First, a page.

But I would worry that with your idea you've created a pocket where moisture could collect and there is only a limited path for it to evaporate out.
  7. sassyav8r

    sassyav8r New Member

    Messages:
    12
    Location:
    grapevine, tx
    I too was concerned about moisture build up and where it would go. What isn't in the photos is a vent pipe that I placed through a drilled hole in my stud. It is subsequently connected to another vent pipe that vents outside. I wasn't sure at the time if this was overkill but that's the way I do things.

    All, if this were your shower, what would you change? (before I close it up) Bring it. I can take it and I can fix it.

    Thanks,
    Sas
    Last edited: Jan 14, 2008
  8. davefoc

    davefoc New Member

    Messages:
    25
    Location:
    California
    Interesting about the vent holes. I put in a tube and ran it down to the crawl space in one of the showers that I did. The bathroom above leaked a little bit, possibly from water splashing out of the shower, it was an old shower and I didn't feel like messing with it so I put a plastic tube in and a wood collector to attempt to get the water away from the shower I was putting in. At the time I did it I was thinking it might provide a little ventilation for inside the soffit also. I think I'm going to do something similar next time except I'm going to be a little more ambitious about it and use the tube to drain away water that might get out of the bathroom and into the laminate floors.

    If you were asking for my advice, I am honored, even if my experience might be too limited to be of value. I took a good look at what you'd done. I have the following comments/questions:

    1. pipe size already mentioned. I think if this is an issue after the fact you might be able to run a new 3/4 inch to supply the shower without opening up the wall. I don't think (with no particularly good basis) the 1/2 inch lines in the shower will be much of a problem, but a 1/2 inch only supply line might be.

    2. You've got to be really careful (and it looks like you have been) to get the valve and diverter at the right level. I'm so nervous about this that I do a little assembly mockup to make sure I've got it right before I install the backer board and tile. I'm sure a pro doesn't do this but then they probably have this issue completely under control.

    3. Wrongly or rightly I insulate the pipes before I seal up the wall.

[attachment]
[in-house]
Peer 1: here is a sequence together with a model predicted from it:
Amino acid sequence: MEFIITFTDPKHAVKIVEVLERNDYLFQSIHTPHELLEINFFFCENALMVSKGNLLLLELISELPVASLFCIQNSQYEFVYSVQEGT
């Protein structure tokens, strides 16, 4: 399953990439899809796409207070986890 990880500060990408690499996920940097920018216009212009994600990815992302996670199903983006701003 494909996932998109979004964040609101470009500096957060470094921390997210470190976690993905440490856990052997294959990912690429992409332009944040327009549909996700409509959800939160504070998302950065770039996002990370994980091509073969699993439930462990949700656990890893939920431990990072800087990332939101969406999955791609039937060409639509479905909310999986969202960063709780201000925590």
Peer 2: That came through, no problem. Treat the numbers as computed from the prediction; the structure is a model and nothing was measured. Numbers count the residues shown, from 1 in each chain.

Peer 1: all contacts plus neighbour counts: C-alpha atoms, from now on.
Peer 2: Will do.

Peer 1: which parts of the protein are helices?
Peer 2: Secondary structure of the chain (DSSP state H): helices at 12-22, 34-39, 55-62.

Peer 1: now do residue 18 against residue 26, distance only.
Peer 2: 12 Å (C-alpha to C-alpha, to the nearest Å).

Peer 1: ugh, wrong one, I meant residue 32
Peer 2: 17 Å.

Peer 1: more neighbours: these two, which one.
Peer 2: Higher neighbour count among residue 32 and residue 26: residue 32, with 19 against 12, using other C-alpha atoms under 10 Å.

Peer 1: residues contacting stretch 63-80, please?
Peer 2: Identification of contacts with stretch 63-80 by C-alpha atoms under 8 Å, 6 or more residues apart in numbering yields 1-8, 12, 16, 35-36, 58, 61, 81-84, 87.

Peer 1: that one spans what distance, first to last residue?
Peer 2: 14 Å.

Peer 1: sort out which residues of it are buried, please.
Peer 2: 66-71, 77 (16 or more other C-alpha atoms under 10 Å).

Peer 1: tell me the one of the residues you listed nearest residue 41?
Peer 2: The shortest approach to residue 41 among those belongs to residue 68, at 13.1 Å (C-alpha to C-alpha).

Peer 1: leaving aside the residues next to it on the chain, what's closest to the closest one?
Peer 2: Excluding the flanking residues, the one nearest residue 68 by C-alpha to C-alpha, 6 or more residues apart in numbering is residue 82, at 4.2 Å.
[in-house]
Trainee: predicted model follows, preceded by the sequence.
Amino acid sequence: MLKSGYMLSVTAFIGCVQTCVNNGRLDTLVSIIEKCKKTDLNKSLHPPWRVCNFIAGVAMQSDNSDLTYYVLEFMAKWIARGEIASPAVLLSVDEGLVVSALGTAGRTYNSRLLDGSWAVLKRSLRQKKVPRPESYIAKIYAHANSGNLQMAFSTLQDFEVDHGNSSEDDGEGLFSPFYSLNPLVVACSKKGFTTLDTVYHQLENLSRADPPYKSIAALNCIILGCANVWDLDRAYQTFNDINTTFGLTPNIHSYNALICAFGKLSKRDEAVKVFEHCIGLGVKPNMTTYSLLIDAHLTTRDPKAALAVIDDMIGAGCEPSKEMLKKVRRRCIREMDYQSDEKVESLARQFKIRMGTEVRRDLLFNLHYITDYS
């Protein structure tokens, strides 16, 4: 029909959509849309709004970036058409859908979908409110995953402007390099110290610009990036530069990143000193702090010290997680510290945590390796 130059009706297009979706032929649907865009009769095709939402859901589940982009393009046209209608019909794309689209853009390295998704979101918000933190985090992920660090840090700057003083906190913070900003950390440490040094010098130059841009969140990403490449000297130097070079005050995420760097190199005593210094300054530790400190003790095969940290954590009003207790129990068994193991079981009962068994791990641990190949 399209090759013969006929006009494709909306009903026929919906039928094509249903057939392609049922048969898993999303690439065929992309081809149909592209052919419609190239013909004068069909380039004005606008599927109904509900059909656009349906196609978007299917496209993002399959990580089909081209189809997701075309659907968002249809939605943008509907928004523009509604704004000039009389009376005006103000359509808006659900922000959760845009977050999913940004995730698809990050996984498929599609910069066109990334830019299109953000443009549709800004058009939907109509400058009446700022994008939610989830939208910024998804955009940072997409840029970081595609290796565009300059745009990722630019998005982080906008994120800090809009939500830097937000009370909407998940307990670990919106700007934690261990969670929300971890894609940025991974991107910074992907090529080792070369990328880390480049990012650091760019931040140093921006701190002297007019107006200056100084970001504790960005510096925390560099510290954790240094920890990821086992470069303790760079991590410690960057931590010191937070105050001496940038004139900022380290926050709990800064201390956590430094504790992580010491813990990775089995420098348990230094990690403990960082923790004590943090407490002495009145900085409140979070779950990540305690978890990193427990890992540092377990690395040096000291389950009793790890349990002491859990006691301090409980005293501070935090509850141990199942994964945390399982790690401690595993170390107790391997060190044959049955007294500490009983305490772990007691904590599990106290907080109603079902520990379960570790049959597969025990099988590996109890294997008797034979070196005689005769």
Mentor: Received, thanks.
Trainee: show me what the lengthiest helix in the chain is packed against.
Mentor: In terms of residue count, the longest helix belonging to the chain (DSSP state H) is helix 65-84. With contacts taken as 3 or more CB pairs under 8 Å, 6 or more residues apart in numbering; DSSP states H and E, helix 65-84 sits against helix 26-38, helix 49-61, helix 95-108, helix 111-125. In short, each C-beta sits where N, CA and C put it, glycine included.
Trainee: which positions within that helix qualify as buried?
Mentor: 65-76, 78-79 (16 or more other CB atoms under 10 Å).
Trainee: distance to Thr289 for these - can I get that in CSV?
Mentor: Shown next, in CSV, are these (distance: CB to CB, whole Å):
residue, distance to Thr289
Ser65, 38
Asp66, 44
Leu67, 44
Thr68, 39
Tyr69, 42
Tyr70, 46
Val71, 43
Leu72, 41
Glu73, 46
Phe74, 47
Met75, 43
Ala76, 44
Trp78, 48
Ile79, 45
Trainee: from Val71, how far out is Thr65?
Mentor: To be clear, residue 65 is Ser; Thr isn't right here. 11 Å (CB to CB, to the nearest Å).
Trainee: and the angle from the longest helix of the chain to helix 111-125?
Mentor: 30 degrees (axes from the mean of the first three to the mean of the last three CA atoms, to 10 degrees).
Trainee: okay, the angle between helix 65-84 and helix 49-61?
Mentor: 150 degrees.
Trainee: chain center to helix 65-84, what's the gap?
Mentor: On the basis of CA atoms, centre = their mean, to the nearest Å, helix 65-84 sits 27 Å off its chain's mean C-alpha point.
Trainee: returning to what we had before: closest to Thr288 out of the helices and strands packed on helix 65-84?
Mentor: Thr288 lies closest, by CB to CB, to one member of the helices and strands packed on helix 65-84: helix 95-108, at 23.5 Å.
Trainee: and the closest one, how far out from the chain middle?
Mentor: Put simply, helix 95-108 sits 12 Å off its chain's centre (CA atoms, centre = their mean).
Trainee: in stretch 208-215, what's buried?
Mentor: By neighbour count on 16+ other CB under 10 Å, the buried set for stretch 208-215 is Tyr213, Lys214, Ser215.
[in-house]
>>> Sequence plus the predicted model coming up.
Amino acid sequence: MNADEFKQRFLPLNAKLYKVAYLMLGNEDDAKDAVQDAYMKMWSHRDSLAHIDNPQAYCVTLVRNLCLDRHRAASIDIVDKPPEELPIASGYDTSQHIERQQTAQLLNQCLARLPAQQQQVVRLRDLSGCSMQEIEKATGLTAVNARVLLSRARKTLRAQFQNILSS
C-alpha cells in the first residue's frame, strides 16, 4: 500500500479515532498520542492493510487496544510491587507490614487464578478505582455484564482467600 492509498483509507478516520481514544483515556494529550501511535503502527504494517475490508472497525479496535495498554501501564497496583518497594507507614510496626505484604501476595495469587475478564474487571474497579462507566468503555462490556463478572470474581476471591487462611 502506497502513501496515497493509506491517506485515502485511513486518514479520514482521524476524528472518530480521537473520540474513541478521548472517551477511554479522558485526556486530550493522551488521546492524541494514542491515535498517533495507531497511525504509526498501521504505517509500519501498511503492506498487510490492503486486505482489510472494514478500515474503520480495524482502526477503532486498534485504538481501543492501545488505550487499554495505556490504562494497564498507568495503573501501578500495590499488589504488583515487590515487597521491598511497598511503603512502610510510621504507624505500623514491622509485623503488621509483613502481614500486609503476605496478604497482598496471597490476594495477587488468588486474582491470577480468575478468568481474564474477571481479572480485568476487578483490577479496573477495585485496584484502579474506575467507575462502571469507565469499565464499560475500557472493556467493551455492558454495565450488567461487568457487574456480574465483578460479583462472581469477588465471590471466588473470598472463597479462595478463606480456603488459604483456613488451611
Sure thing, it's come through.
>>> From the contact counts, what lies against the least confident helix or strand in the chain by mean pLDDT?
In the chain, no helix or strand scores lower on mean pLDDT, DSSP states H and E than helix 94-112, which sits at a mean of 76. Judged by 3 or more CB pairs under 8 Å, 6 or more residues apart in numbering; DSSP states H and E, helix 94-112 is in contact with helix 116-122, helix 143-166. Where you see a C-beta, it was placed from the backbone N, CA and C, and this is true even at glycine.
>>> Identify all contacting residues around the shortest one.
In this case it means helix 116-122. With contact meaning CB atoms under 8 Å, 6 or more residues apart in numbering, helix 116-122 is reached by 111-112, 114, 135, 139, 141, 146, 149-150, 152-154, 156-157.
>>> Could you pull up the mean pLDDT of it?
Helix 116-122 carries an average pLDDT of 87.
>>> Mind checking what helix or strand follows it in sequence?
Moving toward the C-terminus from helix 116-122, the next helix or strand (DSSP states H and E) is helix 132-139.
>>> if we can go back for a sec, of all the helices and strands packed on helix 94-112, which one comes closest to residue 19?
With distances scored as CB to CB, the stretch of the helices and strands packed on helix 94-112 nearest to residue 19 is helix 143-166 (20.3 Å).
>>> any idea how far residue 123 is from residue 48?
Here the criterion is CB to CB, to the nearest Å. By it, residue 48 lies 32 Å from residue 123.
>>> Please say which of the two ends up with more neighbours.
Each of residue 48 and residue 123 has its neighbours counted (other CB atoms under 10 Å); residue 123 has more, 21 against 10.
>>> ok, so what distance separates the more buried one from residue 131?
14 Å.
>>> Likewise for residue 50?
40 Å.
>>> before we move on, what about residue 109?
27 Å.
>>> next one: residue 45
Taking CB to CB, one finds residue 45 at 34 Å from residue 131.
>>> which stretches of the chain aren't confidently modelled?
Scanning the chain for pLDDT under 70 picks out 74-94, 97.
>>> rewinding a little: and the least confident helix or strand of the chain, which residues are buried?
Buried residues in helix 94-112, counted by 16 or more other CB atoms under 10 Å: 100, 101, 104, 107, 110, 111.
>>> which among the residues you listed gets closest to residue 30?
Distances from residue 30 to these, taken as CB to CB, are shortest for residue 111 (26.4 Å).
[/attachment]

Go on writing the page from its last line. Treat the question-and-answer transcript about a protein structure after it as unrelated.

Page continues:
4. Is there any reason to think about caulking the holes where the pipes pass through the sill and top plates? I haven't been doing this but in some of the pictures I've seen lately the holes have been caulked with fire caulk or with the expanding foam. I'm thinking I might do that in the future for fire or noise control reasons.
  9. sassyav8r

    sassyav8r New Member

    Messages:
    12
    Location:
    grapevine, tx
    NPT length issue solved, now need opinions on plumbing config.

    Hi all-
    I thought I'd give this one more try. Here is a link to the photo of the plumbing that I've done. http://box107.com/shower.htm I resweated the loops and all nipples will be the same length. My main concern now is the pipe from the thermostatic valve to the diverter. Will this bend impede the flow and prevent me from getting sufficient pressure? Any suggestions? I will be insulating the pipes when I'm done.

    Thanks for your help.

    Sas
  10. srdenny

    srdenny Plumbing Contractor

    Messages:
    361
    Location:
    SF Peninsula
    Just curious. Can that diverter, which has one inlet and three outlets, allow two zones to work at one time, or are you limited to just one?
  11. Terry

    Terry Administrator Staff Member

    Messages:
    15,295
    Location:
    Bothell, Washington
    The bend won't be an issue.
    Looks like everything is blocked out well.
    Looking good.
  12. sassyav8r

    sassyav8r New Member

    Messages:
    12
    Location:
    grapevine, tx
    Thank you for responding guys. Guess it's time to close up the wall. Regarding the question of the diverter...it is an 8 position that will allow 1,2 or all ports
    to operate. I know the 1/2" supply would'nt come close to adequate pressure for all 3 at once but hopefully it'll be okay for 2? I've decided to change the 90 deg. to the hand spray to a 45. Maybe this will help?

    Many thanks,
    Sassy:)